…what I’m saying is that the language should be changed so that we’re not tying ourselves to language that says we won’t do anything for an extended period, when in fact events are changing. The economy is strengthening. I think those are really… what I’m trying to say is maximize your options as a policy maker. I don’t think necessarily, until we get the data coming in more in terms of our future signaling of what we do, but what we ought to be doing is very clearly saying that our policies have to have the ability to change as the economy changes.”
The Phoenix City Council has voted to tax food again after ending a similar tax in the mid-80s. The City Council is looking for ways to fix a large budget shortfall. The association which represents police in Phoenix claims that the 2% tax is not sufficient to pay for police and fire services and has requested an increase to 4%.
Mesa and Surprise are the last two cities in the Phoenix, Arizona area that have no tax on food.
Copper prices have plunged so far in 2010. The 19% price drop from the peak set in early January is the largest price decline during the entire rally off March’s lows. Copper is now trading at prices last seen from August to October of last year.
(chart from StockCharts.com)
The dollar’s rise and monetary tightening in China have no doubt played a role in pressuring copper prices this year. This trend bears watching given inflation should remain tame if commodities like copper continue to fall.
Online billing is supposed to be a convenience and a cheaper alternative to paper billing. However, certain online bills are apparently MORE expensive to process online.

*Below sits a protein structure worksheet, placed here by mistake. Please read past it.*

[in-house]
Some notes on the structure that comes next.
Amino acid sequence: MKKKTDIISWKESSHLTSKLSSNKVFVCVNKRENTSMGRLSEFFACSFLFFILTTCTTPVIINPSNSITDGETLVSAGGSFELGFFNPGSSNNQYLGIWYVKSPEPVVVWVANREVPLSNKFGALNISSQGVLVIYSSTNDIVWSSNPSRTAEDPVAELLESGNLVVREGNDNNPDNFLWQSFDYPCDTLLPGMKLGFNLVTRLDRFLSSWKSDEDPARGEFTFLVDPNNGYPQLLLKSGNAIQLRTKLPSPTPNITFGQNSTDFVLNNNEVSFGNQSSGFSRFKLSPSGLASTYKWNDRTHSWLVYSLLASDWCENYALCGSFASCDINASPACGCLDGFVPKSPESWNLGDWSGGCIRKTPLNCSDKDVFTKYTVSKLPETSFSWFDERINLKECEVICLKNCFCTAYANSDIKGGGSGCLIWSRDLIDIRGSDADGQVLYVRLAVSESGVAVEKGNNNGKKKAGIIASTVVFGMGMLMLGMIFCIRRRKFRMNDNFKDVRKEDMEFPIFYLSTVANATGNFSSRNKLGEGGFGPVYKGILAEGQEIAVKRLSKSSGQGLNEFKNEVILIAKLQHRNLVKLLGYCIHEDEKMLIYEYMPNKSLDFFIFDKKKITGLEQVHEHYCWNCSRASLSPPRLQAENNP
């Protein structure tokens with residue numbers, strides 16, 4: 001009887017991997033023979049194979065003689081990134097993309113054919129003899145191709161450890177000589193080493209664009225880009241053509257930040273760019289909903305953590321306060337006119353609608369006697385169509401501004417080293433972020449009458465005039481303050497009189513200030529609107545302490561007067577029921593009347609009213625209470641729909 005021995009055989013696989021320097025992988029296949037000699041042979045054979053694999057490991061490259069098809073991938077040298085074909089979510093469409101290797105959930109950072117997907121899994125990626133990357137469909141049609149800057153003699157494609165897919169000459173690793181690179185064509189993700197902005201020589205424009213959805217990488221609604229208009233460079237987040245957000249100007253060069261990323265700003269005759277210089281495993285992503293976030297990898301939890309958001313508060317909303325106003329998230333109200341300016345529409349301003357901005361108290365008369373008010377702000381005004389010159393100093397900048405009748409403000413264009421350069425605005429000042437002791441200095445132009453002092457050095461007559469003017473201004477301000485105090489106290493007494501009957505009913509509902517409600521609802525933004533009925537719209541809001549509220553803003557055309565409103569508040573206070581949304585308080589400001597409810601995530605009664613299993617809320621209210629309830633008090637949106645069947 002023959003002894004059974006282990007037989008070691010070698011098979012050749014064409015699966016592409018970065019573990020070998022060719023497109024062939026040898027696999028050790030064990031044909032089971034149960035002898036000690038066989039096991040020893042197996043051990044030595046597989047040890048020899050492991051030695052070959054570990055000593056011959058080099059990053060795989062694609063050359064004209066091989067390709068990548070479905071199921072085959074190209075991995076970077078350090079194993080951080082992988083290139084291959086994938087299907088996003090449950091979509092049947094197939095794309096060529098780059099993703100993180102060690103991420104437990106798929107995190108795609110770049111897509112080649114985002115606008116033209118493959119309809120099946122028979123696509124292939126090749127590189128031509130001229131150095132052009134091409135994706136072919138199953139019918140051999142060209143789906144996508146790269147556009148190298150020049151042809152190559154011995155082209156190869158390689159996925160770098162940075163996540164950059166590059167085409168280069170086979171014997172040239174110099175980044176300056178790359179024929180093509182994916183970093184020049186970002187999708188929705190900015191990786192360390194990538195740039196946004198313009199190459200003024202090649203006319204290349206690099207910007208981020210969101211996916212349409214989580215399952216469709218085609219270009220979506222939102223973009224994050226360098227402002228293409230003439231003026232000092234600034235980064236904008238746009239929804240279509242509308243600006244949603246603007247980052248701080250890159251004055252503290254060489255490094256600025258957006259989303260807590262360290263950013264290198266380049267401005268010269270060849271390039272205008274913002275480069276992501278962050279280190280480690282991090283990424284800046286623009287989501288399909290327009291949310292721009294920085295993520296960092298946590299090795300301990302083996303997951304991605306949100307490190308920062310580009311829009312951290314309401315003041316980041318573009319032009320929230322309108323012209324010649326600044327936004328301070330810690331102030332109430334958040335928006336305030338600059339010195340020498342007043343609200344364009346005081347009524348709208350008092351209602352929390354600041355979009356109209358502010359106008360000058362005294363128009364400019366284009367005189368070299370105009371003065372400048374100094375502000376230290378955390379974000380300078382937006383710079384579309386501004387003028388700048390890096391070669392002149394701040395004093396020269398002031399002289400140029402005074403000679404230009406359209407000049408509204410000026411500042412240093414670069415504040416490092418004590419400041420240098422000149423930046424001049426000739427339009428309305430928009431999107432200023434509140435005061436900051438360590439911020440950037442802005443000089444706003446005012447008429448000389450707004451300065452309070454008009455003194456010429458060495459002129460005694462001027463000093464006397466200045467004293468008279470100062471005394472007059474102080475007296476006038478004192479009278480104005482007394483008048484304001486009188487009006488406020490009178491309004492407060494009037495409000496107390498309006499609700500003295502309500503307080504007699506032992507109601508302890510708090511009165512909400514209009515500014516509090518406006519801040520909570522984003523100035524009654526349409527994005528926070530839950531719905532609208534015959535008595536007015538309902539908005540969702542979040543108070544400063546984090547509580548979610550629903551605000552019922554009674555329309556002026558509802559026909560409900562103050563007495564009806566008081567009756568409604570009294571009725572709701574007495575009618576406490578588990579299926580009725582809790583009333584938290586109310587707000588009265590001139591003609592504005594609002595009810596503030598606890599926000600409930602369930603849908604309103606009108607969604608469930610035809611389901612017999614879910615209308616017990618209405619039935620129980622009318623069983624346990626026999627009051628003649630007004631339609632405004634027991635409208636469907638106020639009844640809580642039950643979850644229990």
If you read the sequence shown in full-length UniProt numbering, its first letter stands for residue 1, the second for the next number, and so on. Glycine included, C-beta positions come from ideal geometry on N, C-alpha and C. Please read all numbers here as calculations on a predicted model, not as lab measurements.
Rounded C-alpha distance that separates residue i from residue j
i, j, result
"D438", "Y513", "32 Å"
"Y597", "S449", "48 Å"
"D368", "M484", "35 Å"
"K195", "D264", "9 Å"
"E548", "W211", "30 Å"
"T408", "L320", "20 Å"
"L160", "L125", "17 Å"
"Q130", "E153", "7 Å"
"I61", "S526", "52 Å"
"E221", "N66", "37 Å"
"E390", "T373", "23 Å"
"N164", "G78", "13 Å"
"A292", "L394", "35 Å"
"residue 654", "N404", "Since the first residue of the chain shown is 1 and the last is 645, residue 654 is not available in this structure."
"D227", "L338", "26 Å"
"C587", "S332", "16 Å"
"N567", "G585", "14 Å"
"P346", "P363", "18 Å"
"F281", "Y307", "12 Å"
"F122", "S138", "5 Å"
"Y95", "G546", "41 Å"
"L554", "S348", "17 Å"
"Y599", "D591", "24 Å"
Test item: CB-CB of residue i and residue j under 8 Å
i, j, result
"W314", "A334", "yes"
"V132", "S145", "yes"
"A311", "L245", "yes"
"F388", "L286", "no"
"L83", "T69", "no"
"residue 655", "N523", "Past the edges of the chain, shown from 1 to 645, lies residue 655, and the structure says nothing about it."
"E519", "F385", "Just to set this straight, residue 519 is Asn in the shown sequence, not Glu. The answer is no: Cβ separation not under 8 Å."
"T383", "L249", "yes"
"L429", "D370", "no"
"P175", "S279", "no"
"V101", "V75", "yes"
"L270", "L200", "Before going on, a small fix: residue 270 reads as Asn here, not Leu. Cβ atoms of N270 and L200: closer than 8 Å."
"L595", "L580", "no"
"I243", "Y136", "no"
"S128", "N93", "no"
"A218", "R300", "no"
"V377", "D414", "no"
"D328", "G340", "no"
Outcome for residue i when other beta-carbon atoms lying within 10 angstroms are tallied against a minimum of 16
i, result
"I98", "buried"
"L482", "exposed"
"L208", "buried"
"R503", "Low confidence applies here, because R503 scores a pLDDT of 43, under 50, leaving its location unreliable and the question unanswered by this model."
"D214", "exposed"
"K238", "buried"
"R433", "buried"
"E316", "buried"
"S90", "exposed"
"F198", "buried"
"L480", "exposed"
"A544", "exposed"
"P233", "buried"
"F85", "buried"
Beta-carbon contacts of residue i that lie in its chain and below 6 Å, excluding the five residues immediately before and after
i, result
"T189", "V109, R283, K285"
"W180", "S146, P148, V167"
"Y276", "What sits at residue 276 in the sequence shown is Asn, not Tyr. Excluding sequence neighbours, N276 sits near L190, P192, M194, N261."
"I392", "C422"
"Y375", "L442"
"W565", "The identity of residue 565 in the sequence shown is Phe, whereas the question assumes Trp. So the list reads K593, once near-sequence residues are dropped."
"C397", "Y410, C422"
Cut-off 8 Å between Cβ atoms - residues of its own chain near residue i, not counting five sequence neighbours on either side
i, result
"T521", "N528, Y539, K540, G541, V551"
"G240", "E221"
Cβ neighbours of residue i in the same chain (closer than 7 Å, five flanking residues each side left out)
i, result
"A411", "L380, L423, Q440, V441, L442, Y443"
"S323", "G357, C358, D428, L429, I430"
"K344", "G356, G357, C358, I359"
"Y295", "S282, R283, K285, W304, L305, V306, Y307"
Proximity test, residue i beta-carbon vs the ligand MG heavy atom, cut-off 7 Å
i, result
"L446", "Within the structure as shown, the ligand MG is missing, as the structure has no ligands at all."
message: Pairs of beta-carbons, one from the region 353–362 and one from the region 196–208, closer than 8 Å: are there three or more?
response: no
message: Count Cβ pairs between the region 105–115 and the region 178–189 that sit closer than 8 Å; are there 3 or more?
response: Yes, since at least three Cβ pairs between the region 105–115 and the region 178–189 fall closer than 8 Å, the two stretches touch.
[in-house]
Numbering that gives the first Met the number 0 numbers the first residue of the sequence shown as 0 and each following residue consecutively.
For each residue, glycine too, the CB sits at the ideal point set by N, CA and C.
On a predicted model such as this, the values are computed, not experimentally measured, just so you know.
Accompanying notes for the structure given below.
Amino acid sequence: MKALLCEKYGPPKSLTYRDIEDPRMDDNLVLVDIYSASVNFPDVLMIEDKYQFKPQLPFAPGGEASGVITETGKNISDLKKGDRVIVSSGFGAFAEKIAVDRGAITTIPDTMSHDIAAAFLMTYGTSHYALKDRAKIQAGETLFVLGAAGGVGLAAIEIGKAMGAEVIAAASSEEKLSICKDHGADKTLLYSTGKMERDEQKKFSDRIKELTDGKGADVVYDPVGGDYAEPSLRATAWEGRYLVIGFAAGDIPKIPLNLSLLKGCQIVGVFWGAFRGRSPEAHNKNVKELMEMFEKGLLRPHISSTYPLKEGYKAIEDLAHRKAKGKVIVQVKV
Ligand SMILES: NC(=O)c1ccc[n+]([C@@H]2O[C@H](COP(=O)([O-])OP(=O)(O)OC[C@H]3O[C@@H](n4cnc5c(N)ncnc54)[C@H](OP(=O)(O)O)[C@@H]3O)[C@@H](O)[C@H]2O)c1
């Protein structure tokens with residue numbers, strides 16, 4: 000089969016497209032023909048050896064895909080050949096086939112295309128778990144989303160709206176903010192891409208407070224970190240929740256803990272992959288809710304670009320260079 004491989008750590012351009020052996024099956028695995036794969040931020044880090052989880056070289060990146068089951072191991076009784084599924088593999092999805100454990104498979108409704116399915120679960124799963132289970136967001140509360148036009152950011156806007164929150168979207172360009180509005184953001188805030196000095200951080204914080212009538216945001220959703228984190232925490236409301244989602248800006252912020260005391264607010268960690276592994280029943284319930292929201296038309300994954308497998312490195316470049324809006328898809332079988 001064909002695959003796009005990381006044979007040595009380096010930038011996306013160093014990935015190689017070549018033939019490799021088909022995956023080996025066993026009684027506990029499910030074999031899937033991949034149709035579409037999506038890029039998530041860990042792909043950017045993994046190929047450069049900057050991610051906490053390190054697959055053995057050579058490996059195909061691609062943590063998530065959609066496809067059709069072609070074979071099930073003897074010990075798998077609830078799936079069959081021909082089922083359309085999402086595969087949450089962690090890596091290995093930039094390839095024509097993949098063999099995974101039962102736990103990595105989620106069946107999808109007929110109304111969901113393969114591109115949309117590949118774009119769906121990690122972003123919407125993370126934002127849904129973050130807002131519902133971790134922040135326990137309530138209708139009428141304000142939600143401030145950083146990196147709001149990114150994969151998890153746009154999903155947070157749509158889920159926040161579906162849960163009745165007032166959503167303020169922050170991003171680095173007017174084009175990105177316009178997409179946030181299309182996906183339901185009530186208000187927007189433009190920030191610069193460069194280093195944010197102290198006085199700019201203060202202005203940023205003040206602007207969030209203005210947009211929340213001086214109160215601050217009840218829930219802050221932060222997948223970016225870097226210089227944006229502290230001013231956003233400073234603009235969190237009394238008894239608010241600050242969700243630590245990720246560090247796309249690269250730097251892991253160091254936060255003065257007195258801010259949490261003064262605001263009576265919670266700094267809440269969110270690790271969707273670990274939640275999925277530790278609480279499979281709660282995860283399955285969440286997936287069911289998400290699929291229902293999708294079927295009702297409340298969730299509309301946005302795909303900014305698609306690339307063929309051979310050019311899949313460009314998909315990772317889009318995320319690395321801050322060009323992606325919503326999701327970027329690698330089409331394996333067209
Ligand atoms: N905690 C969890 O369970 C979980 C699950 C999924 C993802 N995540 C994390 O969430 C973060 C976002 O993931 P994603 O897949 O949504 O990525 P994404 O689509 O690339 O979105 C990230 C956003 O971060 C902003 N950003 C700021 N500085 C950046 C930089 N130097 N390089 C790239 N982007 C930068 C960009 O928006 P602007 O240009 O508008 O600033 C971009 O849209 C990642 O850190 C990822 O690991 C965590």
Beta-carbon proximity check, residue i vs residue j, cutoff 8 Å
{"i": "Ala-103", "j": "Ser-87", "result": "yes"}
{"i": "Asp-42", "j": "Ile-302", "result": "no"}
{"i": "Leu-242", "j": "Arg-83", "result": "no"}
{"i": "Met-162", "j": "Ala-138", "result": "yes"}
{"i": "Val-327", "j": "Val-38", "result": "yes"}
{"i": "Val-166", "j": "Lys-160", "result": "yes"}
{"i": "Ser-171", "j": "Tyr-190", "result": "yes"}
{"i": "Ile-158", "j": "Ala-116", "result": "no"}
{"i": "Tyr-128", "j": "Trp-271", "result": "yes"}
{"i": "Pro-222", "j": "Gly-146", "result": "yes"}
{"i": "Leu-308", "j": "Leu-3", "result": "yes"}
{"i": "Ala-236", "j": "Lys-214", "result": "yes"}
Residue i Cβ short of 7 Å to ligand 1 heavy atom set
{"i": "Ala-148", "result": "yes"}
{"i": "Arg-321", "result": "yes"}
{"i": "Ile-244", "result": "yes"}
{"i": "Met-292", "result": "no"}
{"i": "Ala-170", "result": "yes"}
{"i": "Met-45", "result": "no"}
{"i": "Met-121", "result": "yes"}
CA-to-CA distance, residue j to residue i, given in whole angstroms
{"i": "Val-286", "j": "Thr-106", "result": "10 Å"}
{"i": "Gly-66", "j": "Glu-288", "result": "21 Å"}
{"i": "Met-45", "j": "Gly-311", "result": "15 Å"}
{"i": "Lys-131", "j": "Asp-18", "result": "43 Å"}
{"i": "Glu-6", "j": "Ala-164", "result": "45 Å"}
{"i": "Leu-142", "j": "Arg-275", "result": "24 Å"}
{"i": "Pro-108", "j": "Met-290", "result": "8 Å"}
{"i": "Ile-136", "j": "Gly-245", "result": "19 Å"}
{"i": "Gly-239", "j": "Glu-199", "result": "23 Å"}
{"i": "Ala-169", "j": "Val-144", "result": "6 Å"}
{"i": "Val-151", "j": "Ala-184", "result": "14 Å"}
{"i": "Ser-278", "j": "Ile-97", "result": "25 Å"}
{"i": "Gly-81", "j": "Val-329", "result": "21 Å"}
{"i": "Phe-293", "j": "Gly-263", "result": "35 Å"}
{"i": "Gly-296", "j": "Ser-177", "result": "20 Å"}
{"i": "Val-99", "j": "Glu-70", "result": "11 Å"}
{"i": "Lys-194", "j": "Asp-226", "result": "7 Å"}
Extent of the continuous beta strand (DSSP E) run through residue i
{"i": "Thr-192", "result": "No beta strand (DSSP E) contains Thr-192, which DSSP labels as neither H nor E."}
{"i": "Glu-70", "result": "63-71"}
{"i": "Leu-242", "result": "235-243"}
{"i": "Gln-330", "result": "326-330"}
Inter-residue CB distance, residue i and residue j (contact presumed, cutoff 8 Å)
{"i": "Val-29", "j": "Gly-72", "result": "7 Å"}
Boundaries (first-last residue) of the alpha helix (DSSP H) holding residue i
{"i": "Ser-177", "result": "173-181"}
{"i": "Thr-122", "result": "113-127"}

In January, the city of Atlanta instituted a $4.50 fee to pay water bills online. Other Georgia government entities like the Department of Revenue have charged an online “convenience fee” for several years for paying bills online.
The AJC reports that Atlanta’s Watershed Management Department was charged $700,000 by banks and credit card companies to process these payments. Banks do NOT charge this fee when using online/electronic bill pay systems directly from a bank account.
Global growth patterns are widening between emerging markets and developed economies. Potash pricing appears to reflect the overall strength in Brazil and Asia and the relative weakness in Europe.
Belarussian Potash Co. (BPC), seller of 30% of the world’s potash, announced 6% price hikes in potash sold to its Brazilian and Asian markets:
“Oleg Petrov, director of sales for Belarussian Potash Co., said Wednesday the company had increased its spot price for standard material to $410 (U.S.) per tonne from $385. The new price for granular material is $425 per tonne, up from $400.
“We can probably strike new deals at the end of March or in April, as we’re completely sold out,” Mr. Petrov told Reuters. “We have no products for February and most of March as a result of strong demand.””
Just last December, German salt miner K+S, the world’s fourth largest potash producer, CUT potash prices for its European wholesalers. The company now states that these price cuts are driving stronger demand. K+S now expects that prices have bottomed, and the company is set to increase prices again 3.5% (from 285 to 295 euros per tonne) in the spring.
Reuters reported that Australian miners are seeking a 40% increase in contracted iron ore prices for 2010. This is in stark contrast to the 20-30% increase that the China Iron and Steel Association expected for 2010. The differential could lead to more contentious price negotiations – similar to what occurred at the beginning of 2009 – especially given some nervousness about whether steel demand will continue to increase robustly this year.